The Importance of Arpeggios

As a beginner, one of the first things we learn, is how to play chords created from the major scale. Normally, we call these block chords.


Block chords use simple chordal harmony in which the notes of each chord may be played all at once.


Over time, some musicians may want to spice up their playing. It could get a little boring playing block chords over and over. We can always use more to fill in those “dead spaces or gaps” in between chords and scales.

Here is a cool solution… “Arpeggios”.

What is an Arpeggio?


An Arpeggio is a broken chord played up or down the keyboard in a particular order. An arpeggio may also span more than one octave.


Whenever you play notes at the same time, you are playing “Block chords”.

You are playing “broken chords” when you are playing notes in a sequence.

Let’s take a look.

C major chord (Block chord)

C Major chord (Arpeggio)

Playing this same C major broken-chord up or down the piano results in an arpeggio.


Importance of Arpeggios

There are three things that arpeggios will help you achieve.

Arpeggios are Melodic/Intervallic Patterns that improve your “EAR POWER”: Learning to play the piano helps your ears recognize intervals and patterns. This is one of the reasons why most vocal coaches use broken chords for ear/voice training drills. This helps to improve your ear power.

As you improve while practicing arpeggios, it will be easier to predict the next note coming out of a broken chord. This also helps with building a foundation on creating melodies.

Arpeggios help to build your “MUSCLE MEMORY” and speed. Apart from the listening aspect which deals with your EAR POWER development, Arpeggios will help you build your MUSCLE MEMORY as well as your speed while playing.


MUSCLE MEMORY deals with repetition.


When a movement is repeated over time, a long-term muscle memory is created for that task. It’s the repetition/practice of a particular exercise.

Playing Arpeggios over time during your practice sessions increase your speed and accuracy of the notes.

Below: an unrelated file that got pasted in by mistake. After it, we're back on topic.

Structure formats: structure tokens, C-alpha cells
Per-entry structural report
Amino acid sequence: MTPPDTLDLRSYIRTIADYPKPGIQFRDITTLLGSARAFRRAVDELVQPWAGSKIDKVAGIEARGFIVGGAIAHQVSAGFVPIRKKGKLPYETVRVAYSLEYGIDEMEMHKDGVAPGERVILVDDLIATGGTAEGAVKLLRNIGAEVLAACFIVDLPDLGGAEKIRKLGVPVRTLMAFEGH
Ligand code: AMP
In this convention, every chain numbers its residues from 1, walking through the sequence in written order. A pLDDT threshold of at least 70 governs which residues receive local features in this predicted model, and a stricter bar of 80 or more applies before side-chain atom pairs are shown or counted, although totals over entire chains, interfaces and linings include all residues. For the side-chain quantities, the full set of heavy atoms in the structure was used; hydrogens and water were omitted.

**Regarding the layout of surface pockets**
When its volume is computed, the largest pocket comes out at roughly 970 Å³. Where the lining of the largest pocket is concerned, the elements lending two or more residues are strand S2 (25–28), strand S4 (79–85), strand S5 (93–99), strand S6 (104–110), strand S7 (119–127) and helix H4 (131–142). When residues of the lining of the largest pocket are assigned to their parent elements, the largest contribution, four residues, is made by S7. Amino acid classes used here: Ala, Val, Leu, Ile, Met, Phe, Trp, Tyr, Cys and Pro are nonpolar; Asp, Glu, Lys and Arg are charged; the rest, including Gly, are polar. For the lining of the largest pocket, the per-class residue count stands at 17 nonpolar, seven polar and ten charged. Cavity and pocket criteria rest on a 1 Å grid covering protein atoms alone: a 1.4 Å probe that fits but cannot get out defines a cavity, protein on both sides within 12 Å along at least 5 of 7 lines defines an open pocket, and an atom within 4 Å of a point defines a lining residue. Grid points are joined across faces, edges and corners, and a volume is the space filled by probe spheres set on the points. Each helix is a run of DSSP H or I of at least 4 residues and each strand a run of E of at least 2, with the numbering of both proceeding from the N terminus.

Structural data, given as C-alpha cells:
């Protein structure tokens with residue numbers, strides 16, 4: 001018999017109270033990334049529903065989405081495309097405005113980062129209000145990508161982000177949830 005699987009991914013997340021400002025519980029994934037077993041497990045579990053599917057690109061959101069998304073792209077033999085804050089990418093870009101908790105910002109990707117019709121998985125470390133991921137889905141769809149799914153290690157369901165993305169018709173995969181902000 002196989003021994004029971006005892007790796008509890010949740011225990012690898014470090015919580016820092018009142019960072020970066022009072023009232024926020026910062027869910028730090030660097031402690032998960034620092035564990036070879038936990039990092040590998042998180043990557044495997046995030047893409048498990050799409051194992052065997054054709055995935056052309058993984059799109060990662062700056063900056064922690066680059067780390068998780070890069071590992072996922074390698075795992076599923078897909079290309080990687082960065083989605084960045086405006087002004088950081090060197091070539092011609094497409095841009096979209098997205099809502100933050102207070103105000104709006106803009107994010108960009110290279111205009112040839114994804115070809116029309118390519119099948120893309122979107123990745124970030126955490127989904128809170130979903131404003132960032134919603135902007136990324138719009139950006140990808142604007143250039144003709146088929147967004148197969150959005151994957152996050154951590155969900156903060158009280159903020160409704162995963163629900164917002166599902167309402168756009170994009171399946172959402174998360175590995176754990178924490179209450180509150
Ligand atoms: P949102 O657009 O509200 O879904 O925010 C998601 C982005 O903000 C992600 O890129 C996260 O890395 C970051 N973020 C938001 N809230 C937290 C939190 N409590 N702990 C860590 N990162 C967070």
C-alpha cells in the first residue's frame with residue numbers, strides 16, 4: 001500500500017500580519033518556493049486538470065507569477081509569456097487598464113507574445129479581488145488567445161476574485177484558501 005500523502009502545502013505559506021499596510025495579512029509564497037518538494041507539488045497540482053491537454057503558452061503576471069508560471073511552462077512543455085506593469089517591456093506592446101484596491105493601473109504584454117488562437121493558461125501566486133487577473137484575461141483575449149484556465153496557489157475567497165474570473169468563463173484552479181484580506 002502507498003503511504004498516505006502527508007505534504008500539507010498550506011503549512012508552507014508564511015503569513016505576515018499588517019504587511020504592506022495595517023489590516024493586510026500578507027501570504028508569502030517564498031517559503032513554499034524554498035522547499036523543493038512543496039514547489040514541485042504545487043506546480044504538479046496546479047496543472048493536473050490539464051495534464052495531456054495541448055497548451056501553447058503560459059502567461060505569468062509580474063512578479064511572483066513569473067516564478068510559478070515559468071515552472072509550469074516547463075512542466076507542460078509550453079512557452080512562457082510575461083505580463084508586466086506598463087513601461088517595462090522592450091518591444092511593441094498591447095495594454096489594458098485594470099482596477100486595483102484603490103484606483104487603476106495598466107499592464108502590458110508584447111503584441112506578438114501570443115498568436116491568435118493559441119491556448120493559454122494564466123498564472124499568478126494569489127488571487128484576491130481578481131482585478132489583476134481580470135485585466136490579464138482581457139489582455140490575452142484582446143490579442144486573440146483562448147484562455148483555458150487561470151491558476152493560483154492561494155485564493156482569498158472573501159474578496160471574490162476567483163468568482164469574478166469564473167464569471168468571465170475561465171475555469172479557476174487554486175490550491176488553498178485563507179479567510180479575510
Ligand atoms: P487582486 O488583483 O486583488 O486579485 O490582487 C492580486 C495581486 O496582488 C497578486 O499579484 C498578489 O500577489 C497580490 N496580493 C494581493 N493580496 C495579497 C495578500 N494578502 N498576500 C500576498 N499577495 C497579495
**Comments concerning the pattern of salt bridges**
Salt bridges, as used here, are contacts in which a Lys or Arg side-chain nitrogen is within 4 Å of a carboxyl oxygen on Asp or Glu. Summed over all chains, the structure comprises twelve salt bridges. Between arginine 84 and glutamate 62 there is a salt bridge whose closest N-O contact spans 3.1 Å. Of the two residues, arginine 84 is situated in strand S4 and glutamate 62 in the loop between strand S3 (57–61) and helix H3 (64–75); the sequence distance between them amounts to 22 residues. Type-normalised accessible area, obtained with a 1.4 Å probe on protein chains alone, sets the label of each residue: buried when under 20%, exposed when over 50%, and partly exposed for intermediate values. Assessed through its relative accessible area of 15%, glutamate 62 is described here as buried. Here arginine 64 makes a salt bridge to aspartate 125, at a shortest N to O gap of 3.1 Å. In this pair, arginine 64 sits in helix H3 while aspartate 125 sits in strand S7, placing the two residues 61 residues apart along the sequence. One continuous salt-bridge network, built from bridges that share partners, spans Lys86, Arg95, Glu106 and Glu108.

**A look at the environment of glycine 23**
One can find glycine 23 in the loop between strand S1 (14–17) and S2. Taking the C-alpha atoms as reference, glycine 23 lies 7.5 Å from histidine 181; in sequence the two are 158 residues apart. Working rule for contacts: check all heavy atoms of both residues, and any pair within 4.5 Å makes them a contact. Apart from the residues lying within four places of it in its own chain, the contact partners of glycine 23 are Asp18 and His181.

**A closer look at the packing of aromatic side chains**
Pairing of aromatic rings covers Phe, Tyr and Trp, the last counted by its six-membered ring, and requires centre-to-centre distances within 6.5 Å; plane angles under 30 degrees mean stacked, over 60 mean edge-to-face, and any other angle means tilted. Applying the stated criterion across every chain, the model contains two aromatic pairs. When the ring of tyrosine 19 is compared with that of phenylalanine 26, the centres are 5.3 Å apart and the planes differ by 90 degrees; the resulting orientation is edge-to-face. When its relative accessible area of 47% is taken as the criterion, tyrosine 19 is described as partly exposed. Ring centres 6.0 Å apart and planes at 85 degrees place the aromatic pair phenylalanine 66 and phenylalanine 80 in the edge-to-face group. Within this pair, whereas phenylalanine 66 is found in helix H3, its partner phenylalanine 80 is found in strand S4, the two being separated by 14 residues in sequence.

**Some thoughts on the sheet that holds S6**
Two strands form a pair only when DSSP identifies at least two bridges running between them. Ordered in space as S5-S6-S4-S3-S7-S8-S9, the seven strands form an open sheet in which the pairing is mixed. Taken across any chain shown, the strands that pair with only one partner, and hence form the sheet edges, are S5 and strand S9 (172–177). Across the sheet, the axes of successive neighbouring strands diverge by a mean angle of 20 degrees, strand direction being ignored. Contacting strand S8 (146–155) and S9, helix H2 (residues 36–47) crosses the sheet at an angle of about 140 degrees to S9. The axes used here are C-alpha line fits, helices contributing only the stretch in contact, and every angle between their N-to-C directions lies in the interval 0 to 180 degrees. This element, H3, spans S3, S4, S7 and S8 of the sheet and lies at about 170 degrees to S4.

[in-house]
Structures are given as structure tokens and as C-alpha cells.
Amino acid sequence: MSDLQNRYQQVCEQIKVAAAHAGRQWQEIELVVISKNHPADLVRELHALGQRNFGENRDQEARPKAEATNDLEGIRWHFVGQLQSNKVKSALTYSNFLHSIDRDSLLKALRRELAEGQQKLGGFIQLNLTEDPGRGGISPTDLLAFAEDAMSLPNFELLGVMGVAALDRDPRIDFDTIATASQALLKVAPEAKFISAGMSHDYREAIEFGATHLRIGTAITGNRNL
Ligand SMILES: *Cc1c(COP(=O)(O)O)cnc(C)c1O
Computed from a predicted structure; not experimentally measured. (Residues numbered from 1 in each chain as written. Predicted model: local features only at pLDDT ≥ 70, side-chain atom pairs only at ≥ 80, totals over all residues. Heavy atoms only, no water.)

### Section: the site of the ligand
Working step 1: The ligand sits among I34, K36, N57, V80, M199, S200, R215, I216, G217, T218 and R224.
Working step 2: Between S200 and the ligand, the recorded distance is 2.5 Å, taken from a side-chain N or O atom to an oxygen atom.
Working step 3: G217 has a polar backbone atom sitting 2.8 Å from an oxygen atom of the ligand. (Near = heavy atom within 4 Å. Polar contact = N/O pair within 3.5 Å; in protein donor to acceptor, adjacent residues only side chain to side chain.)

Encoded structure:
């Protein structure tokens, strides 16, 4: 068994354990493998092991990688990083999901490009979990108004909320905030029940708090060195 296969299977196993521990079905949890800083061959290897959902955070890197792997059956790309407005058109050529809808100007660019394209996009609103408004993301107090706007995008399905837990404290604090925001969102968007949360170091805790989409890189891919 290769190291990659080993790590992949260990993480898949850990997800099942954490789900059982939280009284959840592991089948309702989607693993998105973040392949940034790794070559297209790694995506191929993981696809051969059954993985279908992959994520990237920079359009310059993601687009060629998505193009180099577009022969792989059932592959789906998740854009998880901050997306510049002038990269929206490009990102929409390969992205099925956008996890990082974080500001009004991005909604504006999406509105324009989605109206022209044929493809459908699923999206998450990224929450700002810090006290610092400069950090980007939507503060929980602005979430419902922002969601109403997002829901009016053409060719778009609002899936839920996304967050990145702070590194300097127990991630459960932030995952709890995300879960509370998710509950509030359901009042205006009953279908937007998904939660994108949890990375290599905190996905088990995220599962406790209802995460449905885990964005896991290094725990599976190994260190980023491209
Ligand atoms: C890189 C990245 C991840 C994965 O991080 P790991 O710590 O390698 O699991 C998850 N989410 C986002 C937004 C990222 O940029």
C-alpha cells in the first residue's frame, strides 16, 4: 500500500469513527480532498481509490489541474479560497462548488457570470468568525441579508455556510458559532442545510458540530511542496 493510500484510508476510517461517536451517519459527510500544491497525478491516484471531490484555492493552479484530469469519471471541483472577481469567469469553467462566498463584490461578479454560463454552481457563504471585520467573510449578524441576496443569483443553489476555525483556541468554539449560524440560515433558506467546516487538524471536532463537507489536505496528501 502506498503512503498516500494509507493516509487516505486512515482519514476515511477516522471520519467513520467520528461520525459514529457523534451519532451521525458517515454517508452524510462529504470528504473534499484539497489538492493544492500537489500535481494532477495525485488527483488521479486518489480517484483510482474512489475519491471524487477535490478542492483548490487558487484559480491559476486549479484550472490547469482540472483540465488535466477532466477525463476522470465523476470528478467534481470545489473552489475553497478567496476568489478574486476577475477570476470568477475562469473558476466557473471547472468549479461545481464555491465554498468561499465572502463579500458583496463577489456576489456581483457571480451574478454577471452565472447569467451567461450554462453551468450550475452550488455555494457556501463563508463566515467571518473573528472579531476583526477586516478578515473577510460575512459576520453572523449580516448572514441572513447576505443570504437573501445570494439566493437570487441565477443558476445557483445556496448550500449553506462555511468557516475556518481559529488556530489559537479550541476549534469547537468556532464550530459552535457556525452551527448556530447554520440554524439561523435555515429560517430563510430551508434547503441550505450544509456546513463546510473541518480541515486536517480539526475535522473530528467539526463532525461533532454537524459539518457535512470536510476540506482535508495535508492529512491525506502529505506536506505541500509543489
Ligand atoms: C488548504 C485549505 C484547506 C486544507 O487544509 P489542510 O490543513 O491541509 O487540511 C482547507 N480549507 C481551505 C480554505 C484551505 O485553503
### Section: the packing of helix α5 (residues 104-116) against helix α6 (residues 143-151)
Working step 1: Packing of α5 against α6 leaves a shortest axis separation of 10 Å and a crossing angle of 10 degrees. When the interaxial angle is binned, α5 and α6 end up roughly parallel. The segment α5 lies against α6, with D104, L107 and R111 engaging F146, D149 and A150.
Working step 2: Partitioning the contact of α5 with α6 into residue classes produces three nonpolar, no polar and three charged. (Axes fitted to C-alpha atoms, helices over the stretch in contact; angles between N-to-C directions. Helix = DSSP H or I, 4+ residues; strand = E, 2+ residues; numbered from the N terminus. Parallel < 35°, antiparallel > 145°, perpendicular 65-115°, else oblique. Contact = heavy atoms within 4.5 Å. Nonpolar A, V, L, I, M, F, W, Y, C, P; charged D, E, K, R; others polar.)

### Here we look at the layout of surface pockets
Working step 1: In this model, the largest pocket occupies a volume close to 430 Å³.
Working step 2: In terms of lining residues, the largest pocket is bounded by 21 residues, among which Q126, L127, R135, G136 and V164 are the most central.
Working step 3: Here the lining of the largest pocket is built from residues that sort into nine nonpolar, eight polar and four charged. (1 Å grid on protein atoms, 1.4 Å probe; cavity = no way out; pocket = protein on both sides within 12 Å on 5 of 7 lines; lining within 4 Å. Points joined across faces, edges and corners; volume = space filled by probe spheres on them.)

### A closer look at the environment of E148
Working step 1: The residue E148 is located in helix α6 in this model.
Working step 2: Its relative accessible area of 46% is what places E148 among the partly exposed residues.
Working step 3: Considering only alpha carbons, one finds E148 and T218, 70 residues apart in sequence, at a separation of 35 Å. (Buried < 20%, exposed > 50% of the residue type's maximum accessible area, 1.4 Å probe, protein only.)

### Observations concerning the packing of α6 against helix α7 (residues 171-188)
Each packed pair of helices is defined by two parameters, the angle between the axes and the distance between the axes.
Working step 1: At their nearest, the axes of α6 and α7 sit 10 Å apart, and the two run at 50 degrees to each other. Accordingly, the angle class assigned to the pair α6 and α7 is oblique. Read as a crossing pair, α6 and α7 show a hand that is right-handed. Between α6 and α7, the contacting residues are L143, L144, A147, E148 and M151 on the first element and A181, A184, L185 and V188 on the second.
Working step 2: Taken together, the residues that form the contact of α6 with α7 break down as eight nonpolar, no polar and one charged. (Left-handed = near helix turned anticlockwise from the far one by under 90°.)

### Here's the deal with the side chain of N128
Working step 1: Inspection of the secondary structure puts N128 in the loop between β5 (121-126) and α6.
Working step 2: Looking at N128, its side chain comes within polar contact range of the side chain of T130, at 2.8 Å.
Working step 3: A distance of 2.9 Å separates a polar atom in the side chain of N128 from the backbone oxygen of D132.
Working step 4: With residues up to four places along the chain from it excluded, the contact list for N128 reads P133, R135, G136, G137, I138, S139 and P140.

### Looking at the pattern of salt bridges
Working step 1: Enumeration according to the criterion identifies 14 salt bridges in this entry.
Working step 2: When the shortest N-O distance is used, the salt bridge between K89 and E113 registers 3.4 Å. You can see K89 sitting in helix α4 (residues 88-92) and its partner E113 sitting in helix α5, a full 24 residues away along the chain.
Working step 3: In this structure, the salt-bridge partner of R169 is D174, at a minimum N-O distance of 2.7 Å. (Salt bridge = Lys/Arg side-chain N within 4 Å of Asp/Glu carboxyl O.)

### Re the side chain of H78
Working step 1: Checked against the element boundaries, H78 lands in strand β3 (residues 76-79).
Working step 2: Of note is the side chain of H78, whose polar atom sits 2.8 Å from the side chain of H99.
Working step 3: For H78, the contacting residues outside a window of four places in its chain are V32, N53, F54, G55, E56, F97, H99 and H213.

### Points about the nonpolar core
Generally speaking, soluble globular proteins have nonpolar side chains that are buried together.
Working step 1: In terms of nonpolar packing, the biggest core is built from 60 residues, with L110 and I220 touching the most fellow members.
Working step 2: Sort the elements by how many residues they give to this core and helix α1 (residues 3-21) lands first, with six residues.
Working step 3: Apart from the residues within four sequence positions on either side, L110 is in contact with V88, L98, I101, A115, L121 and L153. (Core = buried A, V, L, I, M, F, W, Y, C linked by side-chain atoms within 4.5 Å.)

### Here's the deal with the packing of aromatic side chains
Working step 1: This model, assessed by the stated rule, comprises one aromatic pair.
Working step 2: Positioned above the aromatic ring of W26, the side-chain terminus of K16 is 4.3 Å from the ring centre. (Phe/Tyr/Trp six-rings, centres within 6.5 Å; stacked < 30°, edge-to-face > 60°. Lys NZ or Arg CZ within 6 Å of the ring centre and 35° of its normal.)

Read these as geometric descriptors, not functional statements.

Over time, you will also notice that some chords have similarities. Chords like C Major and F Major look alike except for where it is positioned on the keyboard. When practicing arpeggios for the C Major chord, you are indirectly practicing arpeggios for the F Major chord too because both chords are similar in intervals.

The position of your hand and fingers are the same while playing either the C or F Major chord arpeggio. Let’s take a look below.

C Major Arpeggio:


F Major Arpeggio:

Let’s have you try it.  (Right-hand only):

Arpeggios help you fill in those “dead spaces/gaps” and help to “spice up” your Sound. As mentioned earlier, your instinct tells you there is more that can be used to fill in those “dead spaces or gaps” in between chords and scales. Arpeggios come in handy in such situations while spicing up your sound as well.

Consider the 2-5-1 chord progression in key of C below:

Dmin – Gmaj – Cmaj

Instead of playing the last chord “C major” as a block chord, you can play it as an arpeggio first. You can play the notes “C-E-G” repeatedly going up to fill in the space before playing the “C major chord” normally to end the progression. This fills in the space between the G and C chord.

Let’s have you try it.

There is always more when it comes to Arpeggios because we have tons of chords to improvise with.


-Joshua Okposo

MTC Contributor


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